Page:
Useful links

  • ADS Business Ethics Network
  • ADS Business Ethics Toolkit v2015 – Revised November 2015
  • Forthcoming BEN Meeting  (exp. 23 November 2017) Please find the Agenda and the Notice of the Main Meeting, which is to be held on the afternoon of Thursday 23rd November, at ADS’ offices in London. This is a FREE-to-attend event, which is intended to cover a number of important topical issues in the Business Ethics world, and give Members the opportunity to network amongst themselves and with the Members of the Steering Committee, and to discuss plans and priorities for 2018. If anyone is interested in attending this meeting, please contact:
  • Forthcoming ABC Conference (exp. 21-22 November 2017) ADS has been contacted by AMLP Forum – The Financial Crime & Corruption Prevention Association (,  the organisers of the annual Anti-Bribery & Corruption Forum, which is due to take place in London on Tuesday 21st and Wednesday 22nd November 2017. At this link it is possible to find the details of the event. The Chairman of the Business Ethics Network, Mr Steve Pegg, of Lockheed Martin UK, is one of the speakers at this event. Further details are available from to Lili or Gosia at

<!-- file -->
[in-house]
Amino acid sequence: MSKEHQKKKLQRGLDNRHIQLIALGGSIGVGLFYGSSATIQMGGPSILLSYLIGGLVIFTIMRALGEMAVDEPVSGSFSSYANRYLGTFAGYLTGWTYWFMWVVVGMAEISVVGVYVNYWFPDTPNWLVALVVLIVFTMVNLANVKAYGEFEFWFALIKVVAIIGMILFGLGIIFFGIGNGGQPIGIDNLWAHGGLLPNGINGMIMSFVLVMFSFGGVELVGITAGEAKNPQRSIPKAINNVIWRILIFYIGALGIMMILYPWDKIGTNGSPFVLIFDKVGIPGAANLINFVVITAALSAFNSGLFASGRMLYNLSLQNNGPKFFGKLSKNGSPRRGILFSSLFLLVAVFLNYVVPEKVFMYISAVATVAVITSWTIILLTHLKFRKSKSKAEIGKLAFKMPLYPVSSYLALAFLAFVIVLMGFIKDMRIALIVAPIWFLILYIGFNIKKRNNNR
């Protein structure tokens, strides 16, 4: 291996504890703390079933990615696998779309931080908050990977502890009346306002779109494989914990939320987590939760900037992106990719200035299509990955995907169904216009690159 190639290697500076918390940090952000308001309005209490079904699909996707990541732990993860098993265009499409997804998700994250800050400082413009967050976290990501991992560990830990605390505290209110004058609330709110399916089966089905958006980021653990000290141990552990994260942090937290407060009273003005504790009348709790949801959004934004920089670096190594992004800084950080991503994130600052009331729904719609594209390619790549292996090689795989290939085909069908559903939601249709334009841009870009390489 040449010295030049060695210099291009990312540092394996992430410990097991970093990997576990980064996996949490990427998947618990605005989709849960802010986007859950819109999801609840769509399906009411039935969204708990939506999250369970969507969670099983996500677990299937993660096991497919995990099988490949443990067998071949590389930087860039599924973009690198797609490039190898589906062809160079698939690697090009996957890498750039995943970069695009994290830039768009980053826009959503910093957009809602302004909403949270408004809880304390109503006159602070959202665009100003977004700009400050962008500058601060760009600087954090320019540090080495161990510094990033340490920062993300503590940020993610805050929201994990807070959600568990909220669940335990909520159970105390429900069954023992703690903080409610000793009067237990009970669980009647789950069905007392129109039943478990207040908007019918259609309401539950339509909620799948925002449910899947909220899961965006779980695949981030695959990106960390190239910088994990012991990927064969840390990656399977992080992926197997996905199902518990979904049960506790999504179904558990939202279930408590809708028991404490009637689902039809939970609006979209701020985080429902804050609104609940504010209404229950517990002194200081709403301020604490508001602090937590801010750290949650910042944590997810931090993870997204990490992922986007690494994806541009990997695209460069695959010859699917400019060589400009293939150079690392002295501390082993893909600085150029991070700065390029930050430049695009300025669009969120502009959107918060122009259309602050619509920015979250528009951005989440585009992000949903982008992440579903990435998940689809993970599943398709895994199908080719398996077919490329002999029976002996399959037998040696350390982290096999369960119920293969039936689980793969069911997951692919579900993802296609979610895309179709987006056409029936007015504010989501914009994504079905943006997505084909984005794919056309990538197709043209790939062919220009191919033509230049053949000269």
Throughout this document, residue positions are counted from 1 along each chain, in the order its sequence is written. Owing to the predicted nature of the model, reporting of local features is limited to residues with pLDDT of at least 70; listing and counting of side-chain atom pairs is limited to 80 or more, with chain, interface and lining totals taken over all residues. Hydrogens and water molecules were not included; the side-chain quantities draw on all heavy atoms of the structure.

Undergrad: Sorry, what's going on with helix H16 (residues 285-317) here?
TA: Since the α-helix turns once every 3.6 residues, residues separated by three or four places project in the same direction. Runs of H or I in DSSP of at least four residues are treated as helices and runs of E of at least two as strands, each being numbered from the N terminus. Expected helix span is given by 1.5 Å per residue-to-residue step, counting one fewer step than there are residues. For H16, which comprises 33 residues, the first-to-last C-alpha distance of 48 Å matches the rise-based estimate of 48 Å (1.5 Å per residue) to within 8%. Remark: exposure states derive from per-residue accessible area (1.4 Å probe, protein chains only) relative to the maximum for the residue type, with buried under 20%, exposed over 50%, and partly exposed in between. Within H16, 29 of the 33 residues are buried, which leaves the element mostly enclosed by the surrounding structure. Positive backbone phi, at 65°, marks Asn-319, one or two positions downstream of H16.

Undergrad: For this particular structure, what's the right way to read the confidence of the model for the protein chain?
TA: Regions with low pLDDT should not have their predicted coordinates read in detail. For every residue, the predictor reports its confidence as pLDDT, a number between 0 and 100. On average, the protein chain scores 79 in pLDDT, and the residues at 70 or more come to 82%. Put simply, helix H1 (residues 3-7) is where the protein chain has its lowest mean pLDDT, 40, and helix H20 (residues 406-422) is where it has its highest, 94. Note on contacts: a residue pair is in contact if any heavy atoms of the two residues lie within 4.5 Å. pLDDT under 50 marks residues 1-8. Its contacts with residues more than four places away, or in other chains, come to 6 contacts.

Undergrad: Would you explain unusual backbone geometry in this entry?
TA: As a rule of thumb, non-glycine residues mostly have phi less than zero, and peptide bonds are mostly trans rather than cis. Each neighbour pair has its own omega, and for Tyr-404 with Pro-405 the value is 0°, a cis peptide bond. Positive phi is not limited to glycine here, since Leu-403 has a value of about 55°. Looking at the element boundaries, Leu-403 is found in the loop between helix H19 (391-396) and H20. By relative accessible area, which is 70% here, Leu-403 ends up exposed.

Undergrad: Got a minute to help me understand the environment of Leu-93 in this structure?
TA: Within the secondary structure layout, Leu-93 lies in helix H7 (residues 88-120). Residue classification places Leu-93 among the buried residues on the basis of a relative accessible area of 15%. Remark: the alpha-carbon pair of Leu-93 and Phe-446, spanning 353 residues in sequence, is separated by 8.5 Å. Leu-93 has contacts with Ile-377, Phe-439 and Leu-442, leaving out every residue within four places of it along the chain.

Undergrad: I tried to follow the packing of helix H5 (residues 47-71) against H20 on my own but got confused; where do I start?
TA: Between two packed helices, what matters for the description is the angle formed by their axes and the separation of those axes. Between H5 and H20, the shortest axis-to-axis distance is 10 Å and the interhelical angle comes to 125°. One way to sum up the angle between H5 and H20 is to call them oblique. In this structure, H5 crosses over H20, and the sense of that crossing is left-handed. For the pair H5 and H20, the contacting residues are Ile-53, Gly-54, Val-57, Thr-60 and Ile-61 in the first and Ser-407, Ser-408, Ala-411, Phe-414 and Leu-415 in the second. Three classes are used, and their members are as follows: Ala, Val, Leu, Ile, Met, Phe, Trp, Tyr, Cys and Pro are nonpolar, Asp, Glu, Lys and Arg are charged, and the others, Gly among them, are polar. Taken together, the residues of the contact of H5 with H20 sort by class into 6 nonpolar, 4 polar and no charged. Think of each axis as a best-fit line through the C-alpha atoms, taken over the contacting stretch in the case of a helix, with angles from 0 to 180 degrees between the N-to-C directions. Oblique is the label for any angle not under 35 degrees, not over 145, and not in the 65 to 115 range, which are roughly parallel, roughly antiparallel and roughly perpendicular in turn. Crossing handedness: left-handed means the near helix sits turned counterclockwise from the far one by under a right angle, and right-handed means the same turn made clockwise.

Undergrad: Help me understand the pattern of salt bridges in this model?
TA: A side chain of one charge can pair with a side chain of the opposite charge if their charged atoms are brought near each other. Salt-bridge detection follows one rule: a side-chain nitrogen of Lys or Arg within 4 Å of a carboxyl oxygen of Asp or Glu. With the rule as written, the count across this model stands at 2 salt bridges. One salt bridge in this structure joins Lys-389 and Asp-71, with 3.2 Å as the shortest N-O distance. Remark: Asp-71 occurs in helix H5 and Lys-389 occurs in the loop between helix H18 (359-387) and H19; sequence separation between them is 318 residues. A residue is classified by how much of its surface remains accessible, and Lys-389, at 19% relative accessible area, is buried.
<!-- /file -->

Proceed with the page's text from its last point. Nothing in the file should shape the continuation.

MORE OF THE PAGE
• Uzbek Bribery Allegations (exp. February 2018) The US Department of Justice (DoJ) has announced that Stockholm-based Telia Company AB, an international telecommunications company that was formerly an issuer of publicly-traded securities in the US, and its Uzbek subsidiary, Coscom LLC, entered into a global foreign bribery resolution and agreed to pay a combined total penalty of more than US$965m to resolve charges arising out of a scheme to pay bribes in Uzbekistan. Telia entered into a deferred prosecution agreement in connection with a criminal information filed in the US charging the company with conspiracy to violate the anti-bribery provisions of the Foreign Corrupt Practices Act (FCPA). In addition, Coscom pleaded guilty and was sentenced on a one-count criminal information charging the company with conspiracy to violate the anti-bribery provisions of the FCPA. Pursuant to its agreement with the Department, Telia agreed to pay a total criminal penalty of US$274,603,972 to the US, including a US$0.5m criminal fine and US$40m in criminal forfeiture that Telia agreed to pay on behalf of Coscom. Telia also agreed to implement rigorous internal controls and cooperate fully with the Department’s ongoing investigation, including its investigation of individuals. The US Securities and Exchange Commission (SEC) and the Public Prosecution Service of the Netherlands (Openbaar Ministrie, or OM) announced separate settlements with Telia in connection with related proceedings. Under the terms of its resolution with the SEC, Telia agreed to a total of US$457,169,977 in disgorgement of profits and prejudgment interest, and the SEC agreed to credit any disgorged profits that Telia pays to the Swedish Prosecution Authority (SPA) or OM, up to half of the total. Telia agreed to pay the OM a criminal penalty of US$274m for a total criminal penalty of US$548,603,972, and a total resolution amount of more than US$1bn. The DoJ agreed to credit the criminal penalty paid to the OM as part of its agreement with the company. The SEC agreed to credit the US$40m in forfeiture paid to the Department as part of its agreement with the company. Thus, the combined total amount of criminal and regulatory penalties paid by Telia and Coscom to the US, Dutch, and Swedish authorities will be US$965,773,949. Further details are available at: this link, as well as at: this linkthis link and this link.